The year that Mannequin had its nationwide release, Joan Crawford was featured on the list of actresses termed as “Box Office Poison”. It was a list that featured Katherine Hepburn, Kay Francis, Norma Shearer and John Barrymore, to name but a few. It was a list that is now largely seen as being inaccurate, or caused by factors that were not solely based on box office appeal. The fact that Mannequin made an almost $500 000 profit, proves this to be the case.
Mannequin tells the story of two people from working class backgrounds, Jessie Cassidy (played by Joan Crawford) and John L. Hennessey (played by Spencer Tracy), whose lives have taken very different turns, but whose paths diverge when they happen to be at the same restaurant. Jessie has recently married her long time boyfriend, Eddie Miller (played by Alan Curtis), who has aspirations of grandeur. Hennessey in comparison, actually has made a success of himself, and has established a successful shipping company. He falls in love with Jessie at first sight, although she does not reciprocate his feelings, and continues to believe that Eddie will make good despite him proving to be an untrustworthy conman for the most part. Jessie and Hennessey’s paths eventually cross again, but their future is uncertain as Eddie plans to enact the ultimate con.
Mannequin is the only film that Joan and Tracy starred in together, and I find this to be a real shame. Their chemistry in the film is not quite as explosive as Joan’s with Clark Gable, but it really is very endearing and natural. They play off each other incredibly well in terms of dialogue, my favourite part being when Hennessey tries his luck with Jessie and kisses her and she slaps him. Later on whilst sharing a cab home, Hennessey says that Jessie can’t really be all that mad at him, looking rather like a kicked puppy, and Jessie replies, “What did you think that slap was? A distinguished service cross?” Together, Joan and Tracy show their ability to enact comedy as well as drama, and to not overdo either of them. And most of all, they are convincing as a couple.
I must admit that I had my doubts about the pairing. I’ve never been a massive fan of Tracy’s, not because I don’t think he was a good actor, because he definitely was. Performances in films such as Inherit The Wind and his many films with Katherine Hepburn prove that. But I’ve never seen him as being in the same class as Clark Gable, Humphrey Bogart or some of his other leading man contemporaries. But in Mannequin, he shows that he actually was in the same class as them. Whilst Gable or Bogart could’ve played Hennessey, especially Gable, Tracy’s brand of impish charm and slight rough around the edges appeal, make him perfect for the role. He also manages to imbue his part with a lot of depth, despite his background only really being suggested through dialogue. He extends what the script offers, and creates a character who has real human foibles and faults, but who it is clear, cares about other people and genuinely loves Jessie. It’s clear from the start of the film who Jessie should be with, and it’s frustrating to see her not take notice of how good a match Hennessey is for her, but when they eventually do come together, it’s made all the better by Tracy’s performance.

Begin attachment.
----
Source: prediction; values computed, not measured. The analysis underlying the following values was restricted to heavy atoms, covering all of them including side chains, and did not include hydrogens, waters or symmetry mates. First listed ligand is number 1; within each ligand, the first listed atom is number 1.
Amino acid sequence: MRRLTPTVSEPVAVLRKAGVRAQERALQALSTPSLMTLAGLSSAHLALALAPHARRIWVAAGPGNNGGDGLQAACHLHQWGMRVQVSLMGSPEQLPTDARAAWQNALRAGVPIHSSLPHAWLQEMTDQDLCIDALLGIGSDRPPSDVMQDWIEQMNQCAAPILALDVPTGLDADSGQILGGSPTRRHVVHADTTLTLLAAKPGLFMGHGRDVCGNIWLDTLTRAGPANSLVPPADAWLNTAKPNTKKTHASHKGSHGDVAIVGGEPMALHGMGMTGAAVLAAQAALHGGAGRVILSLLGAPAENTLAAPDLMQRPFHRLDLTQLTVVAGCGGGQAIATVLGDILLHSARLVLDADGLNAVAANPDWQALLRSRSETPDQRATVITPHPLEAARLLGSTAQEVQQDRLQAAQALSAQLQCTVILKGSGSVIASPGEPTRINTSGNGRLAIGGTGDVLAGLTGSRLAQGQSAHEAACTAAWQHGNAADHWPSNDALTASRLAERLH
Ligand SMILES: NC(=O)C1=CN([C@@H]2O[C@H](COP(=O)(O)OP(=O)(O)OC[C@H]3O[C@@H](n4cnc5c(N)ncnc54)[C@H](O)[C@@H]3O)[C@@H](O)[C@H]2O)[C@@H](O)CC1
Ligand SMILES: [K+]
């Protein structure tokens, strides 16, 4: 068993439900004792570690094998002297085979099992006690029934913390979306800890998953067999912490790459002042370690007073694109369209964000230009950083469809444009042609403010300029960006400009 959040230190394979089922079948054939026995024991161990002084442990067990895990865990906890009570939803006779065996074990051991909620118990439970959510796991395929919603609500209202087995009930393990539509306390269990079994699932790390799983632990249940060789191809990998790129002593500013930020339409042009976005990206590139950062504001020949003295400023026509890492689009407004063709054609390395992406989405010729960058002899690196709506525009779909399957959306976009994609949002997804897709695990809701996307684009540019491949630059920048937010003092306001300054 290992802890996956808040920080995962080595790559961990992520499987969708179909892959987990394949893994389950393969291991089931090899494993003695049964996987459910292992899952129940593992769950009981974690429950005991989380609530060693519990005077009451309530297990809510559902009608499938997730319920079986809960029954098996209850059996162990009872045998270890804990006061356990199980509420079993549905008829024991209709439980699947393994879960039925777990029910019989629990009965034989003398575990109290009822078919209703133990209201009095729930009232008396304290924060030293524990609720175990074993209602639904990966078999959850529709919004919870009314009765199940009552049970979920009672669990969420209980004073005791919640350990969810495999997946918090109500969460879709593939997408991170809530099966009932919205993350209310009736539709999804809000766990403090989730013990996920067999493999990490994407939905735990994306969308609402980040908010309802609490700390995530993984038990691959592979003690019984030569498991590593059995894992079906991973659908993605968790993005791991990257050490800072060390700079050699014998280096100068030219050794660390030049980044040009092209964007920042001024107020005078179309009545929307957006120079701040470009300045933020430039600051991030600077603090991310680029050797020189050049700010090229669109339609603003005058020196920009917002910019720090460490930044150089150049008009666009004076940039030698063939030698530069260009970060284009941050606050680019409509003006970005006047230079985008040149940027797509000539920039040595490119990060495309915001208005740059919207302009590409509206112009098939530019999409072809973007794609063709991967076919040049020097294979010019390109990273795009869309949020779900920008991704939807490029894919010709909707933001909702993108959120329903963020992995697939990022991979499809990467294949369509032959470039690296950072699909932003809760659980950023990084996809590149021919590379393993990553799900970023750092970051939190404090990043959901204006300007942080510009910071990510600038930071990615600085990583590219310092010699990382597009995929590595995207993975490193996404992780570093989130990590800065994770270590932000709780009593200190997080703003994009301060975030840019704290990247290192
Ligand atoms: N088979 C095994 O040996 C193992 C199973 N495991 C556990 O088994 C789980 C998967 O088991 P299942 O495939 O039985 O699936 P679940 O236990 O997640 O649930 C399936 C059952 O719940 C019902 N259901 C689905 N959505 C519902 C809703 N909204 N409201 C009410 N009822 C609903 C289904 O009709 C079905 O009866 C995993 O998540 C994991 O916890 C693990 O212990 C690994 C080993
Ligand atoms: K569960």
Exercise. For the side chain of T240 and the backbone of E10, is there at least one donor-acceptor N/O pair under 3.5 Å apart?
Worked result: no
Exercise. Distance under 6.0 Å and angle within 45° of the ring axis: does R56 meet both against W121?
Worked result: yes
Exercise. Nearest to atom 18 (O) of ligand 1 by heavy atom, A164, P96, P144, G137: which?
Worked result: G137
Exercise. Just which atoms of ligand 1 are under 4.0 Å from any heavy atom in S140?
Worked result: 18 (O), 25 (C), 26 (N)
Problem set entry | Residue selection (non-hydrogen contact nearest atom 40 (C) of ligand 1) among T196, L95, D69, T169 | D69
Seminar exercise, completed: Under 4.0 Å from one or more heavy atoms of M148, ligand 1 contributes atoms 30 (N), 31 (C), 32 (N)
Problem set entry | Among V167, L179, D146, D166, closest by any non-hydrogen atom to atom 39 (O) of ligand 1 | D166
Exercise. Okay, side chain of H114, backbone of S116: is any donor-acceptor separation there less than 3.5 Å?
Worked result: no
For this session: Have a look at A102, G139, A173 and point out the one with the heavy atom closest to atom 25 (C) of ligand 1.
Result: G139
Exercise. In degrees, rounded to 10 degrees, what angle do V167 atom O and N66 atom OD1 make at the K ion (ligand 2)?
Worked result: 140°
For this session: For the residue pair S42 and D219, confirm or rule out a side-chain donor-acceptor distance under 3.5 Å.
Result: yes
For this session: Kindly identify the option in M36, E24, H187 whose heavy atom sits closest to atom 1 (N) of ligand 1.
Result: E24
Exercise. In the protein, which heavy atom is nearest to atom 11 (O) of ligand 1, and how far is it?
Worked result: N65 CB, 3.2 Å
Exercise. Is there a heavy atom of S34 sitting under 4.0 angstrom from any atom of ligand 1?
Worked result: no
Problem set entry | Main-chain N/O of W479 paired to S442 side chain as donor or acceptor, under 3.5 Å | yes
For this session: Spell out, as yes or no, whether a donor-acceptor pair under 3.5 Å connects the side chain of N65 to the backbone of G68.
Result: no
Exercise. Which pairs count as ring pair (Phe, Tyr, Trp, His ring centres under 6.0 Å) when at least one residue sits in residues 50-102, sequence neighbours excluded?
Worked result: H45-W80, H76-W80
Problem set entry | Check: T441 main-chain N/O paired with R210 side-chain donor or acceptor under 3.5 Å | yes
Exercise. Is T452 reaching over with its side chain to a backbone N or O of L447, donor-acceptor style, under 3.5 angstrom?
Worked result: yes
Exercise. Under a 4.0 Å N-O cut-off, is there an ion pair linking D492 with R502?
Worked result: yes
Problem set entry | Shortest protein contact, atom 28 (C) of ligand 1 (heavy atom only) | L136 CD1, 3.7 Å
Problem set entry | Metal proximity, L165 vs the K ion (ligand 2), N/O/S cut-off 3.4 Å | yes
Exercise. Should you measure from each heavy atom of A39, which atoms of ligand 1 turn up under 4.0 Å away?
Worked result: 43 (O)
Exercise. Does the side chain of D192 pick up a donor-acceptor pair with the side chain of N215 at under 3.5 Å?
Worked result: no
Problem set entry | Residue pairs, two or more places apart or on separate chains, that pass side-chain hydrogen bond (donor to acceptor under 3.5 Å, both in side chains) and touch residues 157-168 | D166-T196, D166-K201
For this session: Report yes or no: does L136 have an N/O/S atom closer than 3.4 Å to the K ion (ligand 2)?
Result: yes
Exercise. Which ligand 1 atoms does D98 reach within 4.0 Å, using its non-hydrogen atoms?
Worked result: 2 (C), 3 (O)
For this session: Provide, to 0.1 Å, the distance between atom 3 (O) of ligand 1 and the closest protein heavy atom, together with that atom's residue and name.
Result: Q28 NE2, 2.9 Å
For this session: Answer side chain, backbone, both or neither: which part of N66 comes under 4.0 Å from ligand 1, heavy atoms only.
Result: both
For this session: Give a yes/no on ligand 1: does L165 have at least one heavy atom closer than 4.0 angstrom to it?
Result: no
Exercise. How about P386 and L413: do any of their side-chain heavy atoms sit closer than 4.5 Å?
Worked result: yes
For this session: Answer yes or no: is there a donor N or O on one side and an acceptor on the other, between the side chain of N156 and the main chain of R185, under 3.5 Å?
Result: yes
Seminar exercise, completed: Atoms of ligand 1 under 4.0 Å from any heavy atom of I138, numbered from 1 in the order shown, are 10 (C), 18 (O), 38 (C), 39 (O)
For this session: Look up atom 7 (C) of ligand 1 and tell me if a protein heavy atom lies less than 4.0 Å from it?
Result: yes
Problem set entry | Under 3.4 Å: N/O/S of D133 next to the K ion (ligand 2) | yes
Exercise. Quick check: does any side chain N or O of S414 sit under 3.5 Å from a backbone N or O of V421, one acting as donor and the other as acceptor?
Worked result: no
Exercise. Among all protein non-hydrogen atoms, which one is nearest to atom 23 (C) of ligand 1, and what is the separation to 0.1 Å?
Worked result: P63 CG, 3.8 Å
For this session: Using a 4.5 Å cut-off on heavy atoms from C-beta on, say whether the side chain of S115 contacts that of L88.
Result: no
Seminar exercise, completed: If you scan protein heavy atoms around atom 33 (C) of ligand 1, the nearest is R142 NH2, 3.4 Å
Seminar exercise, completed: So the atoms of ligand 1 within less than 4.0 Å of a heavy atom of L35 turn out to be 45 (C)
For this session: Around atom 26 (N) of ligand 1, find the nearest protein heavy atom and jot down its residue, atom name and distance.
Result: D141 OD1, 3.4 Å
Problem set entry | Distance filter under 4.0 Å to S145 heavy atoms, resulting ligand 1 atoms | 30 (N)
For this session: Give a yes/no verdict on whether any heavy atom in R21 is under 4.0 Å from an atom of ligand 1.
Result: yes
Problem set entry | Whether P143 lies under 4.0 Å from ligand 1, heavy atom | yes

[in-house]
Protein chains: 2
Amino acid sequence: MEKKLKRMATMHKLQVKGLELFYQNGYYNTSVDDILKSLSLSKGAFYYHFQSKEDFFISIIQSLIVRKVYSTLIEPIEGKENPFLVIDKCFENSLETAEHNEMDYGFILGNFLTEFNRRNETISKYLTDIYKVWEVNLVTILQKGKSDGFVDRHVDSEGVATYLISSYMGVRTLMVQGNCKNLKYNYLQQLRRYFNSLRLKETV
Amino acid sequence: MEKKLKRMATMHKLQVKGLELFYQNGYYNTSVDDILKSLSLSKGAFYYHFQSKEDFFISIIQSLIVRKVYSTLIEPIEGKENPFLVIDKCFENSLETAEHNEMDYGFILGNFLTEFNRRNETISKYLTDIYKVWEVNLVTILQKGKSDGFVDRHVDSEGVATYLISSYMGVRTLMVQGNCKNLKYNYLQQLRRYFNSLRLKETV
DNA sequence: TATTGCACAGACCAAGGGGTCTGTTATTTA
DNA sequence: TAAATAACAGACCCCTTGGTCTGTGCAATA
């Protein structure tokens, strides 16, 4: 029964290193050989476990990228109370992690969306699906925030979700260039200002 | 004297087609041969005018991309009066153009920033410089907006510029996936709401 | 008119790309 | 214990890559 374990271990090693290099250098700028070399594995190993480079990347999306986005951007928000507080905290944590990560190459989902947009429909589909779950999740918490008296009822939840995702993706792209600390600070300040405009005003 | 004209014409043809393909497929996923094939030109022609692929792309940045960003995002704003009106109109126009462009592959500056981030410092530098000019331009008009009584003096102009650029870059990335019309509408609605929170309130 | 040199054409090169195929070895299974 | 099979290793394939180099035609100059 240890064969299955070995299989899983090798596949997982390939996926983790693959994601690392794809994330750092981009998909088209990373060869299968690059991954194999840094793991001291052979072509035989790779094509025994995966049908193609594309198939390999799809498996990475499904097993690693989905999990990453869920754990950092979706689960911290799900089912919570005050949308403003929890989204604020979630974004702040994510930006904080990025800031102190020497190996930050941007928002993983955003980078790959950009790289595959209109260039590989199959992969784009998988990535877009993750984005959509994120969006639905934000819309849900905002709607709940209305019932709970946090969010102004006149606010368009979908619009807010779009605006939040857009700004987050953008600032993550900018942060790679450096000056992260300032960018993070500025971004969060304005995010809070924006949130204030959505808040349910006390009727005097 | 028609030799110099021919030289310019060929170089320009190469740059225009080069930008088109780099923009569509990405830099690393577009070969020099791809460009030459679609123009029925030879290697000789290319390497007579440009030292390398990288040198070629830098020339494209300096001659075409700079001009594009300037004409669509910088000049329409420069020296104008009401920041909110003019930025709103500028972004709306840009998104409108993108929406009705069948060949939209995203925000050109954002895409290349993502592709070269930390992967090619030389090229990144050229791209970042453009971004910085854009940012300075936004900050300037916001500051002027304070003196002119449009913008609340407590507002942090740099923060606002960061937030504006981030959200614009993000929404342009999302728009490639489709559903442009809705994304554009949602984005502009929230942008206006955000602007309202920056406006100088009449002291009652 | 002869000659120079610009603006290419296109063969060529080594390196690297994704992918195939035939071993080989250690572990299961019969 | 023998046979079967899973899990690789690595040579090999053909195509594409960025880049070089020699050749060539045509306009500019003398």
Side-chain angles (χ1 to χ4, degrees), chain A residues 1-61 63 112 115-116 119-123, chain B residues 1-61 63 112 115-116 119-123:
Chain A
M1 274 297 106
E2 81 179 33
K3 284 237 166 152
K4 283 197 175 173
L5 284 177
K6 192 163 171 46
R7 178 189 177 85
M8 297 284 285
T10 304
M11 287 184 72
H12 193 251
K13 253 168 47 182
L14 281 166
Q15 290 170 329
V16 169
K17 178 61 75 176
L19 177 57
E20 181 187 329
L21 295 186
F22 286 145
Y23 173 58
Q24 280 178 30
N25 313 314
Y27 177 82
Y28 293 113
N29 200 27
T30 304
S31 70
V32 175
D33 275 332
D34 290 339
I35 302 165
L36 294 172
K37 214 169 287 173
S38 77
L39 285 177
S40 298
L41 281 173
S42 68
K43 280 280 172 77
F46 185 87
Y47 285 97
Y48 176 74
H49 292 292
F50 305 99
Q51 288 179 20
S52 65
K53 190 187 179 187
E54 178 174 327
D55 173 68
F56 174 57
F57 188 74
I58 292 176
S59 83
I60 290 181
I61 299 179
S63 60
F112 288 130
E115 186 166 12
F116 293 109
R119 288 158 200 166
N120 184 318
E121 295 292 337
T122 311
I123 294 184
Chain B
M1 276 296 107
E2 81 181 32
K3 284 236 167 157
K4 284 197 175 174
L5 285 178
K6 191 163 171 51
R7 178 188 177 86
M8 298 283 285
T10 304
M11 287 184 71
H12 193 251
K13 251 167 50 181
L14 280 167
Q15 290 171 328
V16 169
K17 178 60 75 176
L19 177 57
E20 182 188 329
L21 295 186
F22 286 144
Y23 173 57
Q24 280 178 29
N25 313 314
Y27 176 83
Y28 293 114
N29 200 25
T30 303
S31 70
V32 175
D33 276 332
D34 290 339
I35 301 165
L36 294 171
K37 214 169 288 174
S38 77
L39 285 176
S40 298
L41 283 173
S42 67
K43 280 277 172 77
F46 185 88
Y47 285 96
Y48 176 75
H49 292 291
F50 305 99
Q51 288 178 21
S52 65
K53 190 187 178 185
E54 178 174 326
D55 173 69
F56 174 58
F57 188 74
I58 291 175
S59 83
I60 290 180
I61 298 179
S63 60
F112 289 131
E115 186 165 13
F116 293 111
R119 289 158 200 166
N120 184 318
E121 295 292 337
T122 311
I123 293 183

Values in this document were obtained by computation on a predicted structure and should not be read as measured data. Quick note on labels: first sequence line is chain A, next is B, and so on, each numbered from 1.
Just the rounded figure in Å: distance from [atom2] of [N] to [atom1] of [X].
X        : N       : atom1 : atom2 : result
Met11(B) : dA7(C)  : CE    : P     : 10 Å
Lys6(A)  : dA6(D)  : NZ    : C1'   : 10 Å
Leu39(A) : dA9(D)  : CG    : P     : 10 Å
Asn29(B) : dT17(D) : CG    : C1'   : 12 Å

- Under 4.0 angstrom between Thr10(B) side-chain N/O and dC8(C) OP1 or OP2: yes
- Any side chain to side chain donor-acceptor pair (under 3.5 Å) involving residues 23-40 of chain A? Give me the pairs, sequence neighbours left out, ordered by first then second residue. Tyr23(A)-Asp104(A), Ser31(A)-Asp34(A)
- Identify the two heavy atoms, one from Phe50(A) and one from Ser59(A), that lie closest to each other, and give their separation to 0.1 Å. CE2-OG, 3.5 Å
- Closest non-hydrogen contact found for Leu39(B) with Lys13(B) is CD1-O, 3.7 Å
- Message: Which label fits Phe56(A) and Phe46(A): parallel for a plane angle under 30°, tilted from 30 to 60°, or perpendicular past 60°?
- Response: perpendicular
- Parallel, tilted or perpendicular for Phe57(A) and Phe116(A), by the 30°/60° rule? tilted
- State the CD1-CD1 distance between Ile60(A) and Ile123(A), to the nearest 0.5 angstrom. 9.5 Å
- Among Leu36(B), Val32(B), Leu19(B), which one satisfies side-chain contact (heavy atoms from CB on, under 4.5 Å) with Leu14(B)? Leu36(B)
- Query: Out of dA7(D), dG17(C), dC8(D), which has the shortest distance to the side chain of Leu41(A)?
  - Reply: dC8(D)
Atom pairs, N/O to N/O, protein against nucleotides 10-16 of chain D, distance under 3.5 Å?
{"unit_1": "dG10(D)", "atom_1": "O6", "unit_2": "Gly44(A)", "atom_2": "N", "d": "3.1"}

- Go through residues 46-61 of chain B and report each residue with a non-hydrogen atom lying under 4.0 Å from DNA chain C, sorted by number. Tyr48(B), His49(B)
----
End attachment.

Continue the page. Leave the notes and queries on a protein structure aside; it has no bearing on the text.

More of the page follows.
Mannequin, in my opinion, along with Sadie McKee and Possessed (1931), are Joan’s best working girl films. Jessie’s blind devotion to her no good husband can be slightly wearing at times, but Joan’s sass and beauty in the role really do make it a film worth seeking out. As most of you who read my blog know, I am a huge fan of Joan’s, and I think that Mannequin shows that despite the fact that Joan was being offered similar roles throughout the decade, she never phoned in her performance. I love the end of the film when she tells Hennessey that he’s going to pick himself up, and carry on the way he always has, and how she becomes softer and kinder, and assures him that she’ll be there for him because she loves him. It’s a scene that shows both Joan and Tracy’s depth for incredibly natural, emotional acting, and it’s the reason that the film works.
Alan Curtis is also very good as the no good boyfriend turned husband, Eddie, who provides a very effective foil for Hennessey’s character. Curtis and Joan also have good chemistry, especially in the scenes where Jessie has realised that Eddie is no good. Eddie’s scheming is sick making, but such a performance is necessary in order to up the stakes in the film. In the end, when Eddie thinks that he’s won, and gloats over Hennessey and Jessie, Curtis shows that he can hold his own opposite these two iconic heavyweights.
My favourite part of the film is not actually a performance, however. It is the beautiful, wistful score composed by Edward Ward, who also composed music for Camille, Maytime and Saratoga, and was nominated for seven Academy Awards. The main song, “Always and Always”, which Jessie sings at her wedding reception, is one of the most lovely ballads I’ve heard in a film of the classic era. It encapsulates Jessie’s determination and spirit to hold her life together and make something of herself, and it eventually shows her love for Hennessey and his for her. The parts in the film that shows our two leads at their lowest, are perfectly accompanied by a score that shows the longing for happiness and peace that they have in those moments.
Mannequin is a film that is mostly overlooked in both Tracy and Joan’s biographies, which is a pity, because it’s one that shows the pair at their most appealing. Both of them were at the height of their careers, heavyweights at Metro-Goldwyn Mayer, and on the precipitous of doing even greater things in the future.